The ‘Right’ to Health Care.
There isn’t one.
Kevin D. Williamson writes: With the American Health Care Act dominating the week’s news, one conversation has been unavoidable: Someone — someone who pays attention to public policy — will suggest that we pursue policy x, y, or z, and someone else — someone who pays a little less careful attention, who probably watches a lot of cable-television entertainment masquerading as news — responds: “The first thing we have to do is acknowledge that health care is a human right!” What follows is a moment during which the second speaker visibly luxuriates in his display of empathy and virtue, which is, of course, the point of the exercise.
It’s kind of gross, but that’s where we are, politically, as a country.
Here is a thought experiment: You have four children and three apples. You would like for everyone to have his own apple. You go to Congress, and you successfully persuade the House and the Senate to endorse a joint resolution declaring that everyone has a right to an apple of his own. A ticker-tape parade is held in your honor, and you share your story with Oprah, after which you are invited to address the United Nations, which passes the International Convention on the Rights of These Four Kids in Particular to an Individual Apple Each. You are visited by the souls of Mohandas Gandhi and Mother Teresa, who beam down approvingly from a joint Hindu-Catholic cloud in Heaven.
Question: How many apples do you have?
You have three apples, dummy. Three. You have four children. Each of those children has a congressionally endorsed, U.N.-approved, saint-ratified right to an apple of his own. But here’s the thing: You have three apples and four children. Nothing has changed.
Declaring a right in a scarce good is meaningless. It is a rhetorical gesture without any application to the events and conundrums of the real world. If the Dalai Lama were to lead 10,000 bodhisattvas in meditation, and the subject of that meditation was the human right to health care, it would do less good for the cause of actually providing people with health care than the lowliest temp at Merck does before his second cup of coffee on any given Tuesday morning. Read the rest of this entry »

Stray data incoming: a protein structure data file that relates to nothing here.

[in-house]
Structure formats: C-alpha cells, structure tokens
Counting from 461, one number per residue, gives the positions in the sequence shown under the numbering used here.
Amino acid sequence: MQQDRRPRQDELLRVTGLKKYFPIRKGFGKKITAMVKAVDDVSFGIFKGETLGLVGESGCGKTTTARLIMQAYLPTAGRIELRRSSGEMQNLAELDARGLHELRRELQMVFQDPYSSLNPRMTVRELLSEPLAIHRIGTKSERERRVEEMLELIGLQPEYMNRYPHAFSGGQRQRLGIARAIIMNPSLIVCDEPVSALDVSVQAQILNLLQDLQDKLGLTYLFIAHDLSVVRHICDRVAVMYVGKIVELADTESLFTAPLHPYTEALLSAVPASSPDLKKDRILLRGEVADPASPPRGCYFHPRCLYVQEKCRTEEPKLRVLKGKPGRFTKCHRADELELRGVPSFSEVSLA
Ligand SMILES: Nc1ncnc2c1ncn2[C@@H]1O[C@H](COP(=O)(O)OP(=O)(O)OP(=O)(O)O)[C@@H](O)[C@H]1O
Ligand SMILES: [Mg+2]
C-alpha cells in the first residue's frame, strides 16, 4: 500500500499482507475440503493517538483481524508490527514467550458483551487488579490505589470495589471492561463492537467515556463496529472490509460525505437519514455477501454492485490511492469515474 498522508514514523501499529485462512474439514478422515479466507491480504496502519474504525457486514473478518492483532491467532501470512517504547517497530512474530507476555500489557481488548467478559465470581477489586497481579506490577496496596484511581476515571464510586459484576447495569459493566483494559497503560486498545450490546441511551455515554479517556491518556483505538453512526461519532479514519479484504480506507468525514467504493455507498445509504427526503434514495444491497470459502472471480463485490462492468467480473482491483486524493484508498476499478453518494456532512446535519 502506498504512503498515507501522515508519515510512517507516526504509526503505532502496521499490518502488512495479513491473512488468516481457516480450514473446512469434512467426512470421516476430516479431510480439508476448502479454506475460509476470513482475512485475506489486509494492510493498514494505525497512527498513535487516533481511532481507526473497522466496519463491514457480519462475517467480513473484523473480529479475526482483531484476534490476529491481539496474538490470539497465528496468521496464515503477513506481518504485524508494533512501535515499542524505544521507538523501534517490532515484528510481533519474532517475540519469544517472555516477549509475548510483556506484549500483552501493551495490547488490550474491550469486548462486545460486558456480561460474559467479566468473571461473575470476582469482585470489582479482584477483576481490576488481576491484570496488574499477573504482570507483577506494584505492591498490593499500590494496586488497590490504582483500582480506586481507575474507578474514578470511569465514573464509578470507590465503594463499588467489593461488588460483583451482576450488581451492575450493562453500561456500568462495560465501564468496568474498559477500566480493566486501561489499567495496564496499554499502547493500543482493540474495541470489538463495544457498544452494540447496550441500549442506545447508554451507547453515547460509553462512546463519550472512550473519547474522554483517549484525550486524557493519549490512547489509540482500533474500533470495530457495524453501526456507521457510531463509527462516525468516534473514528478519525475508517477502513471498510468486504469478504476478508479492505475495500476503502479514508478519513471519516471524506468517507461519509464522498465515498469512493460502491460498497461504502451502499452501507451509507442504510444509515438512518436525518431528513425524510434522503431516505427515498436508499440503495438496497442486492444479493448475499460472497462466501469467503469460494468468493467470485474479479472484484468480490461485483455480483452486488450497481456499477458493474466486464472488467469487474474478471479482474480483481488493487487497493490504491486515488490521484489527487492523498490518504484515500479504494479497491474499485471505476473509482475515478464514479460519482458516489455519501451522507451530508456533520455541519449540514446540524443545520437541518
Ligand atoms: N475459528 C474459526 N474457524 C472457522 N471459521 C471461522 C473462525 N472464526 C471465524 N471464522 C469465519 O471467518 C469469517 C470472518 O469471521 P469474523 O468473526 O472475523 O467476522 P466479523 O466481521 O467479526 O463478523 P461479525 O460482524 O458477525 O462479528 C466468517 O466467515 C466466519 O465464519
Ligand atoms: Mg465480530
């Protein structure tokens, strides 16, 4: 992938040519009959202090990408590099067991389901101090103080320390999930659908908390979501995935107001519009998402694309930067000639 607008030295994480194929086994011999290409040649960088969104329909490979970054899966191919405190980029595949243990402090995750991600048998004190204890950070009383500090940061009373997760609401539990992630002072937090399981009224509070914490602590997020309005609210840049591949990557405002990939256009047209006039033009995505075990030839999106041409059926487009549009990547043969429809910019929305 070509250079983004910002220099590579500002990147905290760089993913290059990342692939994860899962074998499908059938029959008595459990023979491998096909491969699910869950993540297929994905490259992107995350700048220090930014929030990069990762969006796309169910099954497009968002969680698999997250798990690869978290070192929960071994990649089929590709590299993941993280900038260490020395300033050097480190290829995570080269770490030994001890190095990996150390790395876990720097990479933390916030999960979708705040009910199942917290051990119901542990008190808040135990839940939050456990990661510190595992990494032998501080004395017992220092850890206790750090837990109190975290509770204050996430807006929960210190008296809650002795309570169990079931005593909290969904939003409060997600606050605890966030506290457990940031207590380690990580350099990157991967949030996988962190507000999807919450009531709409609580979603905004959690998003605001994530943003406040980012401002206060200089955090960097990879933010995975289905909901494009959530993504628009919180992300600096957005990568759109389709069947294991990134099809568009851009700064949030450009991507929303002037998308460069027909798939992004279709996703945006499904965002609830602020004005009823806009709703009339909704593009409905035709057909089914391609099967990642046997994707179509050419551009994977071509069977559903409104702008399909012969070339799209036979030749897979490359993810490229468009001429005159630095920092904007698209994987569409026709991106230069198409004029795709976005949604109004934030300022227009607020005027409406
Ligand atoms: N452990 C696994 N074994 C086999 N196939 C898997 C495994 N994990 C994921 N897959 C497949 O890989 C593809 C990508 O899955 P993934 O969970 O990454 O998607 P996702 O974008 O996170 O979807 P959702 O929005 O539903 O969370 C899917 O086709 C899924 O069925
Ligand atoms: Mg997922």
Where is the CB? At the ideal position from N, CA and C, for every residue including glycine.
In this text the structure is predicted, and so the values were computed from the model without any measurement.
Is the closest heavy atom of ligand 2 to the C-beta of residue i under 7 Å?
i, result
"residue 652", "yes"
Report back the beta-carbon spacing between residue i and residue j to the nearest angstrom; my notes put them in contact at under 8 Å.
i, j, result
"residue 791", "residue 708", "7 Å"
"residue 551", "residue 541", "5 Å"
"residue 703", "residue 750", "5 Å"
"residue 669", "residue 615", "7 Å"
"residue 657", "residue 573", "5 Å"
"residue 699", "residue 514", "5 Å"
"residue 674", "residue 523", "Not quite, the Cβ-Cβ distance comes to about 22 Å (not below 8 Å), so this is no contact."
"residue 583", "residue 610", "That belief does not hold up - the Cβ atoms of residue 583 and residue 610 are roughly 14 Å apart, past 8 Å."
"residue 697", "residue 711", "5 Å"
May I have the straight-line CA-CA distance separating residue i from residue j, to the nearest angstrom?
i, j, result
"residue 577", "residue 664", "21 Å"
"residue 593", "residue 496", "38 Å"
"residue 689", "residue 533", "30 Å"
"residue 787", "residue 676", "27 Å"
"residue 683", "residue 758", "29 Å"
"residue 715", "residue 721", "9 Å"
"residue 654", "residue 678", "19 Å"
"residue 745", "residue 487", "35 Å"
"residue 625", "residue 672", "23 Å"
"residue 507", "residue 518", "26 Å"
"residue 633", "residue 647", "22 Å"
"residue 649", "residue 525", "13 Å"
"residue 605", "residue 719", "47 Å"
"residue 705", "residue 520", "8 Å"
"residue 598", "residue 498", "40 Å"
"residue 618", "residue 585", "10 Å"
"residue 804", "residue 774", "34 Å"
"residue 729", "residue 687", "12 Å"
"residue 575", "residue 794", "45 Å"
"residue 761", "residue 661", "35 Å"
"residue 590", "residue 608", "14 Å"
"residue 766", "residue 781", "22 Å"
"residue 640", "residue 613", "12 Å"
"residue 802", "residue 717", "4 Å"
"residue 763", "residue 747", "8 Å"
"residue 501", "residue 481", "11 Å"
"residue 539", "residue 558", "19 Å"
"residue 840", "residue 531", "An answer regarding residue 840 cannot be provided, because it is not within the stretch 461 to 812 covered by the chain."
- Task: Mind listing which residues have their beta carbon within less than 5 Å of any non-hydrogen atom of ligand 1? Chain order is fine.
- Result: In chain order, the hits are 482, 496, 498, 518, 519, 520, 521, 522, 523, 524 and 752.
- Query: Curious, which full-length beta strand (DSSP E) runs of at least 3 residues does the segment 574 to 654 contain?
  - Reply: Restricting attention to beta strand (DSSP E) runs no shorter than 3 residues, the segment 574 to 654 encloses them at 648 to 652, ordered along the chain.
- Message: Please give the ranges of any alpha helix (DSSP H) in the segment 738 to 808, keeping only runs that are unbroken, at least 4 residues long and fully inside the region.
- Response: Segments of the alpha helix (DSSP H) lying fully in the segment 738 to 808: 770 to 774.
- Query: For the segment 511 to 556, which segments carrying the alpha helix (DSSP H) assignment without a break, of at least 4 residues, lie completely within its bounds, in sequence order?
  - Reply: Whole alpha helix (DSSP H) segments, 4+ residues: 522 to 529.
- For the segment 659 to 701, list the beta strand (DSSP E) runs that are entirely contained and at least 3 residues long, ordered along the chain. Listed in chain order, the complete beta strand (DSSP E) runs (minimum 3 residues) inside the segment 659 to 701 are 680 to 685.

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[VIDEO] Krauthammer on Health Care Bill: Obamacare Problems Will Get Worse, Republicans Will Try AgainPosted: March 28, 2017 | |
Charles Krauthammer suggested that the demise of the American Health Care Act is not the end of Republican attempts to undo Obamacare:
“I don’t think there’s a reason why it had to be pronounced dead. The president had an ultimatum. He decided he would stick to it. He decided that, as a result, he would not be involved. That’s fine. It’s still an open question whether they Republicans in the House and in the Senate can negotiate among themselves. They were not that far apart. I have been advocating this other alternative where you abandon the restrictions that are imposed by the reconciliation process, meaning you stuff the bill with all the kind of stuff you were going to add later, stuff that would appeal to the Freedom Caucus.”
“You put that in the bill and toss it over to the Senate, and if Senate Democrats want to filibuster, fine. So, I think there are several options. I don’t think they are that far apart. I think it’s perfectly reasonable they could negotiate a deal among themselves. And I do think that in the fall, when Obamacare’s problems are going to really come to the surface again — spiking premiums and deductibles, and it gets worse every year — there will be less nostalgia for Obamacare then you have found in the current debate.”
Source: National Review